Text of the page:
What is an LLC?
A Limited Liability Company (LLC) blends the aspects of corporations, partnerships and sole proprietorships into a simple and flexible business entity. LLCs offer the same
personal liability protection as corporations with few corporate formalities. LLC entities can be used to hold property and transact any type of business. They protect the
owners and operators from personal liability similar to a corporation, and they possess the "pass-through" tax benefits of a partnership. Additionally, LLCs do not require the
typical formalities that are required when managing a corporation.
What is a Corporation?
A corporation is a legal entity created separately from those who own and operate it. As a separate entity, the corporation's debts and taxes are separate from its owners
(shareholders), thereby offering the greatest personal liability protection of all business structure. Corporations also offer tax savings and the ability to raise capital
under your business name.
S Corporation is a tax designation used to dictate how your business is taxed by the IRS. New corporations, as well as LLCs considering corporate taxation can choose between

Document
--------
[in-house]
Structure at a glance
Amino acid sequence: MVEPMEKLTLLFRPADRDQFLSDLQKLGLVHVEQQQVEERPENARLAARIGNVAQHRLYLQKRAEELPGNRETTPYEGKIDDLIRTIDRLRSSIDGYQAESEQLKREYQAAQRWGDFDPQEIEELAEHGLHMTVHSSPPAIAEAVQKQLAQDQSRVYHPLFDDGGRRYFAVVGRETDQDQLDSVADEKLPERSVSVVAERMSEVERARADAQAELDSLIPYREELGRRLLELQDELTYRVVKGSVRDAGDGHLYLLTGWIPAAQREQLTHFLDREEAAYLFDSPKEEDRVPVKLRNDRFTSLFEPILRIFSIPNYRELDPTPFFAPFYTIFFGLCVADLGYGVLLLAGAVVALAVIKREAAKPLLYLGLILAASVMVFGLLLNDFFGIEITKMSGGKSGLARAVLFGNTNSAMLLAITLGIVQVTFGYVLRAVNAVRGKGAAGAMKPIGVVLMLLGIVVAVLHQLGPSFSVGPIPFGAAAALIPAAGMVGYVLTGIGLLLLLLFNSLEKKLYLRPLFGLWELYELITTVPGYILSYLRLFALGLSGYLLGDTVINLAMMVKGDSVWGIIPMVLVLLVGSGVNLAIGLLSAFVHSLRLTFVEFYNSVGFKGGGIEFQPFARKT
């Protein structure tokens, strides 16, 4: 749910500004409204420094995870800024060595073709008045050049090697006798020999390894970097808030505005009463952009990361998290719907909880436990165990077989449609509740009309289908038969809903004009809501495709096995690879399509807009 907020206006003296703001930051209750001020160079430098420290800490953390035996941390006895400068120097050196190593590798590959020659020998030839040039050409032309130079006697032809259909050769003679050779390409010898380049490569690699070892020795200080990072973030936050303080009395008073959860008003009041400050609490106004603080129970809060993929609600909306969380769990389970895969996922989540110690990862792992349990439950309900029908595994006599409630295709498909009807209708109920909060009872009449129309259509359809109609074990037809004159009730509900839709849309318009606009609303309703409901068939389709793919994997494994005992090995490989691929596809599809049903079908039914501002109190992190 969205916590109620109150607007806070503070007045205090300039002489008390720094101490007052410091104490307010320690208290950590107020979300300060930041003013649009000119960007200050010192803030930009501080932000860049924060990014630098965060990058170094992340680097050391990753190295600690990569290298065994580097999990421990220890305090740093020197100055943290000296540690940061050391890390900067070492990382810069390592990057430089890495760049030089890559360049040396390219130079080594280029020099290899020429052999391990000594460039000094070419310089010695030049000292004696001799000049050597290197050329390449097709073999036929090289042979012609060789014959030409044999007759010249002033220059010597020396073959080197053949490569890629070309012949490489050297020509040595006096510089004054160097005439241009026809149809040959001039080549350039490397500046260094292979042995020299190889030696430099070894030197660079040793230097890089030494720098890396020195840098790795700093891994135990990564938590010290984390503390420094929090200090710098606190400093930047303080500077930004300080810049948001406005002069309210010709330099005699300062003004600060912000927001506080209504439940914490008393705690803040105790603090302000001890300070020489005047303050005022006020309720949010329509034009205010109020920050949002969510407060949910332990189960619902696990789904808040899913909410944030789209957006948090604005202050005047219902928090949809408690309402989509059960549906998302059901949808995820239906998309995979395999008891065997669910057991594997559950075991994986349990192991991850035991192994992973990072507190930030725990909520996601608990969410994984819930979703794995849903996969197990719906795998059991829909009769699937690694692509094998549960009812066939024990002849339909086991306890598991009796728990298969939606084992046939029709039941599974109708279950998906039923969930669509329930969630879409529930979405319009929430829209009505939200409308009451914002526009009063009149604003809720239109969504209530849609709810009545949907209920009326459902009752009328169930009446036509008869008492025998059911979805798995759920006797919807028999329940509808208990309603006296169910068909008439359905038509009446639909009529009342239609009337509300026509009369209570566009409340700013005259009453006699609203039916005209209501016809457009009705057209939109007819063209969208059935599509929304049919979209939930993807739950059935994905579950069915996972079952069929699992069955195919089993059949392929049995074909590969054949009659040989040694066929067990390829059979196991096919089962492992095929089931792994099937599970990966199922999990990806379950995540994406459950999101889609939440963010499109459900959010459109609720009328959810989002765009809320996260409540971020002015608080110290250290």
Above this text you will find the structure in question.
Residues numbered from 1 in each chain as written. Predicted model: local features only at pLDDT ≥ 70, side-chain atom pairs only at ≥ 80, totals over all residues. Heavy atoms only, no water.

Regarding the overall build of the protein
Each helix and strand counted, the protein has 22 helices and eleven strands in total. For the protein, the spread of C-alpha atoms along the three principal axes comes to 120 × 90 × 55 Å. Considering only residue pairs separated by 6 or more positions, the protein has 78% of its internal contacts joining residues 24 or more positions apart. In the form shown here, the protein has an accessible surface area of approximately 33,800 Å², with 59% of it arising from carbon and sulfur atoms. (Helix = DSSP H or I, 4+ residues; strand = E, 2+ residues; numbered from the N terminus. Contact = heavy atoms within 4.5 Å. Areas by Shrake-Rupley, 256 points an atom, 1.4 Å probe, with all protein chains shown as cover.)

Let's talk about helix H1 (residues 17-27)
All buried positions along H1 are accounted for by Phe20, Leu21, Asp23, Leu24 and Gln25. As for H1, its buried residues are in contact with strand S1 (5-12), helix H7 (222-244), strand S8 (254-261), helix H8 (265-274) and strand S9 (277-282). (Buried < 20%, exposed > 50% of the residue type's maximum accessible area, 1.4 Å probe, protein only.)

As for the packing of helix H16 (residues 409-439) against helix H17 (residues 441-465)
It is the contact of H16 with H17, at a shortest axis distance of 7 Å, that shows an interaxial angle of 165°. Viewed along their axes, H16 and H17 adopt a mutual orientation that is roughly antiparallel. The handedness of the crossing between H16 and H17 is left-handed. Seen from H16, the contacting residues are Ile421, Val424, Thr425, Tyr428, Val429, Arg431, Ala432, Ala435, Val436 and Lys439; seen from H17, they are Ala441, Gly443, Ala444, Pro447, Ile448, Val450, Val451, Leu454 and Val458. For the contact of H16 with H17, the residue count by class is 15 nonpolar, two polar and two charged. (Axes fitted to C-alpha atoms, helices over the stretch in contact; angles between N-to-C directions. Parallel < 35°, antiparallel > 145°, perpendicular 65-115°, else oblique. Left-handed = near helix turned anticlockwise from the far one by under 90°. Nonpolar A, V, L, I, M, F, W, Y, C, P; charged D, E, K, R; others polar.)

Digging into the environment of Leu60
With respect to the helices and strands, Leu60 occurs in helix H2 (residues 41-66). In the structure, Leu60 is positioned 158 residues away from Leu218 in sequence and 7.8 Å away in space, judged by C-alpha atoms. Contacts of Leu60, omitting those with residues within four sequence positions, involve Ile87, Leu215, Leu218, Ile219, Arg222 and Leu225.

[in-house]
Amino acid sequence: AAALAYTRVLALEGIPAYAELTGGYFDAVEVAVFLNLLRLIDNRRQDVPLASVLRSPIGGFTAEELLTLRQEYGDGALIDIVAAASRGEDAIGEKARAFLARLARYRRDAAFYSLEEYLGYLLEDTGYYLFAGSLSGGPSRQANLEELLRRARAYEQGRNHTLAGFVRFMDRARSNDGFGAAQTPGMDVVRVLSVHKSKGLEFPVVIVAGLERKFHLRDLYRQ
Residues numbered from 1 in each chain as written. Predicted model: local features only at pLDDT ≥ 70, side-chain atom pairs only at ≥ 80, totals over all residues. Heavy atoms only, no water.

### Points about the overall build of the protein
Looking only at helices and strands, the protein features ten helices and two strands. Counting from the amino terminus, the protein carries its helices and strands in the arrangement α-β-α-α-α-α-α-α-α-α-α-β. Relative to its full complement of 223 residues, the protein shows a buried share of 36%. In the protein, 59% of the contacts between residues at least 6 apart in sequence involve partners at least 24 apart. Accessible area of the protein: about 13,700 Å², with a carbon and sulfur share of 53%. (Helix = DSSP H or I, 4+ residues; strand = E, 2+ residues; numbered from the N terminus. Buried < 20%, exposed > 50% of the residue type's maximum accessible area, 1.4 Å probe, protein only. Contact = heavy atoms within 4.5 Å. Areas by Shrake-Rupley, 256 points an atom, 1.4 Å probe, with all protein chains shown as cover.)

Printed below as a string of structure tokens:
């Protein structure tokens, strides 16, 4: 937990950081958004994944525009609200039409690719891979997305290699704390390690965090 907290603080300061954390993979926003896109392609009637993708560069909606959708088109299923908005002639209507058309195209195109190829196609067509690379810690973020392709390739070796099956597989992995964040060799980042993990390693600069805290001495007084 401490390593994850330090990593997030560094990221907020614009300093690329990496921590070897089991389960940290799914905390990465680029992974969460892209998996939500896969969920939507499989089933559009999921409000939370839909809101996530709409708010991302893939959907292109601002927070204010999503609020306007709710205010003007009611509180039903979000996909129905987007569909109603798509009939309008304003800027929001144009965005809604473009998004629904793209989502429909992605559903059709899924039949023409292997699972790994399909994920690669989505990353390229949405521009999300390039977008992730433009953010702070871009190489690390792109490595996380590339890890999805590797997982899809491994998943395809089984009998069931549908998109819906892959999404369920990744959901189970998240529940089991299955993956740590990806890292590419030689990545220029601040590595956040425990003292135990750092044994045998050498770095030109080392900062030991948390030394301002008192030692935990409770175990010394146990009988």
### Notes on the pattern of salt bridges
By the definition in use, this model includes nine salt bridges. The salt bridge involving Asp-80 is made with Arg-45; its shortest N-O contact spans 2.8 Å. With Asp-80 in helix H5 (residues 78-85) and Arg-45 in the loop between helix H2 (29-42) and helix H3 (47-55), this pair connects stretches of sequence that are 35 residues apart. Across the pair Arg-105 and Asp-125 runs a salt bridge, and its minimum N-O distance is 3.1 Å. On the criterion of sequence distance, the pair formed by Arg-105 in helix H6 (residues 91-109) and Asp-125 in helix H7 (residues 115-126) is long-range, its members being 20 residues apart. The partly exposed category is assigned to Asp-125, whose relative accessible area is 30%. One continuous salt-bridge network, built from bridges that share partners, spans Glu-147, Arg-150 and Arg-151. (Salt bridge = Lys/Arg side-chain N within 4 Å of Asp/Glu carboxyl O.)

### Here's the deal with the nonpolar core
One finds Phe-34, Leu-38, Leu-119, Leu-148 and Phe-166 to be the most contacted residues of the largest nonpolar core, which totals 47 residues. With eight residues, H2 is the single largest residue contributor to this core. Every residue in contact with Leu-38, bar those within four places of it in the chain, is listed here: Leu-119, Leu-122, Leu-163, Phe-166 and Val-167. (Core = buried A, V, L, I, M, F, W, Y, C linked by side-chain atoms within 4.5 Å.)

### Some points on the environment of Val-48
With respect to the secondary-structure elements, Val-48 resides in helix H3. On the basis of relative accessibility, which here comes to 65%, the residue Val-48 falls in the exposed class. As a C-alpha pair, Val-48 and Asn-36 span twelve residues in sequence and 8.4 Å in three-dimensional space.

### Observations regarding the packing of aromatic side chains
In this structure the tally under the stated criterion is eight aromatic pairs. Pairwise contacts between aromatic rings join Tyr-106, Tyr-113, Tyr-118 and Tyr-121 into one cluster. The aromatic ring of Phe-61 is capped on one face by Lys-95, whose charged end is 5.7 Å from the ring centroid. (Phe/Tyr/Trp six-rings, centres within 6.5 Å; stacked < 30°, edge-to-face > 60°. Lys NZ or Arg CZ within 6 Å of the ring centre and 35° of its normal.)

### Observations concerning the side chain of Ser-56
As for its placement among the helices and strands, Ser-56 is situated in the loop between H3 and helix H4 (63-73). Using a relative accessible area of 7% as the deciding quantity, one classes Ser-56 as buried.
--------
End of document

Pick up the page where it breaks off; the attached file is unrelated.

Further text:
filing taxes as a C corporation (C-Corp) or an S Corporation (S Corp). An S Corp is considered a pass-through entity, which means the business itself isn't taxed. Instead,
income is reported on the owners' personal tax returns. Businesses taxed as C Corporations are not pass through entities. Income is taxed at the corporate level, and, if
dividends are distributed, at the individual level as well. By choosing a Corporation or LLC with Inc Authority, you are able to select an S Corporation as your tax filing
status. You have 75 days after formation to file this designation with the IRS.